To Bonnie From Delaney is a representative collection of material for this unique band. With a jaw-dropping lineup of backing musicians, the album was critically received, yet somehow didn’t produce the expected stardom. Side A opens with a Delaney Bramlett’s original “Hard Luck And Troubles”. The rock/soul/blues structures are punctuated with modulated horn accents, vibrant bass and Delaney’s soulful vocals. The session players are top-notch as they initiate a tempo shift that rocks like a Sunday morning church celebration. In a surprising country-pop tune (co-written by Bramlett and Mac Davis), a pedal steel guitar and impeccably blended harmony vocals create a unique aesthetic. It is understandable why Bonnie Bramlett is so highly regarded as a soul singer. On “Lay My Burden Down” she draws on classic gospel reverence and offers an inspired “testimony”. It is nothing short of a tour-de-force, energetic and glowing. In a Delta-inspired acoustic medley, Delaney combines guitar and voice on the Robert Johnson standard, “Come On In My Kitchen”. Bonnie is equally bluesy with a wailing intonation on “Mama He Treats Your Daughter Mean”. The third piece, “Going Down The Road Feeling Bad” features an agile slide guitar solo. In what feels like a traditional Stax arrangement, “Love Of My Man” is another incandescent vocal performance by Bonnie Bramlett. She maintains the fierceness of singers like Aretha Franklin and Otis Redding. Her growling, screaming interpretation is on a par with Janis Joplin. In a feel-good jam, “They Call It Rock And Roll Music” is 50’s bliss with sax runs and doo-wop vocals.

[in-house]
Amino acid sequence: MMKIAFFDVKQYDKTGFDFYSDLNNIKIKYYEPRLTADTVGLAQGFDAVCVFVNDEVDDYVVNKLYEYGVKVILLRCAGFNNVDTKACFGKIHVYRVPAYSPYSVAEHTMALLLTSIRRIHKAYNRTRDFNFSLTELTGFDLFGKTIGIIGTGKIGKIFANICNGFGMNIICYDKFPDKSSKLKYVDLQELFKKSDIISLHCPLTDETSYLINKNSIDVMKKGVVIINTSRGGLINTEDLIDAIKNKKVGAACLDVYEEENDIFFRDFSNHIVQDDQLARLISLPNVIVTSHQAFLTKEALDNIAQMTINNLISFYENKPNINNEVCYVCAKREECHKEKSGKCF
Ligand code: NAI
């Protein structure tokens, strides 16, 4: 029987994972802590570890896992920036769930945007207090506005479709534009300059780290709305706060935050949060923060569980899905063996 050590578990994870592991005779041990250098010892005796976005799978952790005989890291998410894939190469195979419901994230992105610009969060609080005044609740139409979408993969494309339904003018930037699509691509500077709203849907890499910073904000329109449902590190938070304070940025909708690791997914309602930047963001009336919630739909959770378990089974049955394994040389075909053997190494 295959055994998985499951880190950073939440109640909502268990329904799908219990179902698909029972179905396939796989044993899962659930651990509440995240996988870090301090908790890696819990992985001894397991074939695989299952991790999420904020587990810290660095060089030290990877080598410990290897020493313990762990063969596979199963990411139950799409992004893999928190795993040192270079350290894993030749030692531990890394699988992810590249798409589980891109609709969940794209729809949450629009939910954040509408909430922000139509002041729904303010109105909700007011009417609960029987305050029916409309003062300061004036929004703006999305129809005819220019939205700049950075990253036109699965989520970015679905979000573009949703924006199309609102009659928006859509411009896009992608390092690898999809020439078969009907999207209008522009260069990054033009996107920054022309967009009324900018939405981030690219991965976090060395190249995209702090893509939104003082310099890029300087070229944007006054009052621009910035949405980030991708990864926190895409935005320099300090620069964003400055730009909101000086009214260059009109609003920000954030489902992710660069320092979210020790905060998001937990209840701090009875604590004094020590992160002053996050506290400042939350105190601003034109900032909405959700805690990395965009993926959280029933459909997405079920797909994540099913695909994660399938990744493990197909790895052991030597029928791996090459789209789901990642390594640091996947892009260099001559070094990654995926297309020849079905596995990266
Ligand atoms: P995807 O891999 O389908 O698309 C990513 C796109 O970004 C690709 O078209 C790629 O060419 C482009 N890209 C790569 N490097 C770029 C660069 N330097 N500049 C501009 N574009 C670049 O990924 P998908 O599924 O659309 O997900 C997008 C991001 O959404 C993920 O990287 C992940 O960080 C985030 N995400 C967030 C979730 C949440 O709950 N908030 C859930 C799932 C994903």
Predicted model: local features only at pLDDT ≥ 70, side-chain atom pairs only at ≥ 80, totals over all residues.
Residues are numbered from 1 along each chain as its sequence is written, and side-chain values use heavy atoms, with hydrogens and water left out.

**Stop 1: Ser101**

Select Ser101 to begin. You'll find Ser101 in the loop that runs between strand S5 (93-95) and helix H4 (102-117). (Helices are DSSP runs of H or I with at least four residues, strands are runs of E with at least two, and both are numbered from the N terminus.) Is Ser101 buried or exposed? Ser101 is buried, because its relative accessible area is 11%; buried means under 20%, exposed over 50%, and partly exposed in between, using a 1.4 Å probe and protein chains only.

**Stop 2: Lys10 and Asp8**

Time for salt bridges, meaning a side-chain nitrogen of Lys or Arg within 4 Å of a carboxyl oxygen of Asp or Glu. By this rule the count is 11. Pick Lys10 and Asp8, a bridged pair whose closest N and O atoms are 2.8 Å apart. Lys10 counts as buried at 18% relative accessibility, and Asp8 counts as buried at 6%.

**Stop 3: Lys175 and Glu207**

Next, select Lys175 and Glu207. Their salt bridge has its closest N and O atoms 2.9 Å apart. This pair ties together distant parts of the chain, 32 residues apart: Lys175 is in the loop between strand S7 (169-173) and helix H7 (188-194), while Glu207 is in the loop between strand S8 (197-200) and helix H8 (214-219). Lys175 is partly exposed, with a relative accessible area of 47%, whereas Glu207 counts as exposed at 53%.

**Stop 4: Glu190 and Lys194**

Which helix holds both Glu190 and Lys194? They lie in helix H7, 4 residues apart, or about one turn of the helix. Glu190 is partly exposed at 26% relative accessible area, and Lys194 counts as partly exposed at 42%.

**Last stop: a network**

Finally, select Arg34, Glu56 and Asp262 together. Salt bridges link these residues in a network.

Side B is a compelling procession of gospel rock. “Soul Shake” represented one of two Delaney and Bonnie songs (the other being “Never Ending Song Of Love) that made it to the charts. It is quintessential D & B with dynamic vocals (dual and trading off), propulsive drumming, horns and organ. The inimitable Little Richard (on one of his own compositions, “Miss Ann”) engages in old school r & b with rollicking notation that Delaney matches with raw enthusiasm on his vocals. There may never have been a male and female singing duo that packs a wallop like the Bramletts. Their high-octane performance on “Alone Together” is awe-inspiring and the various instrumental flourishes by the all-star “friends” is buoyantly graceful. The intensity gets ramped up another notch on “Living On The Open Road”. Delaney Bramlett’s signature slide licks and reedy, soulful vocals (which influenced Eric Clapton) energize this sprightly rocker. In a rare change of pace, “Let Me Be Your Man” has a slow-burning intensity. The gospel-tinged piano and organ, Delaney’s falsetto and spine-tingling backup vocals sell this one. With artistic elegance, the finale “Free The People” has an elegiac horn arrangement of the opening notes to “Rock Of Ages”. The New Orleans vibe permeates as Bonnie is dynamically gut-wrenching on the first verse and Delaney is equally prominent on the second. A second-line chorus helps bring To Bonnie From Delaney to a rousing conclusion.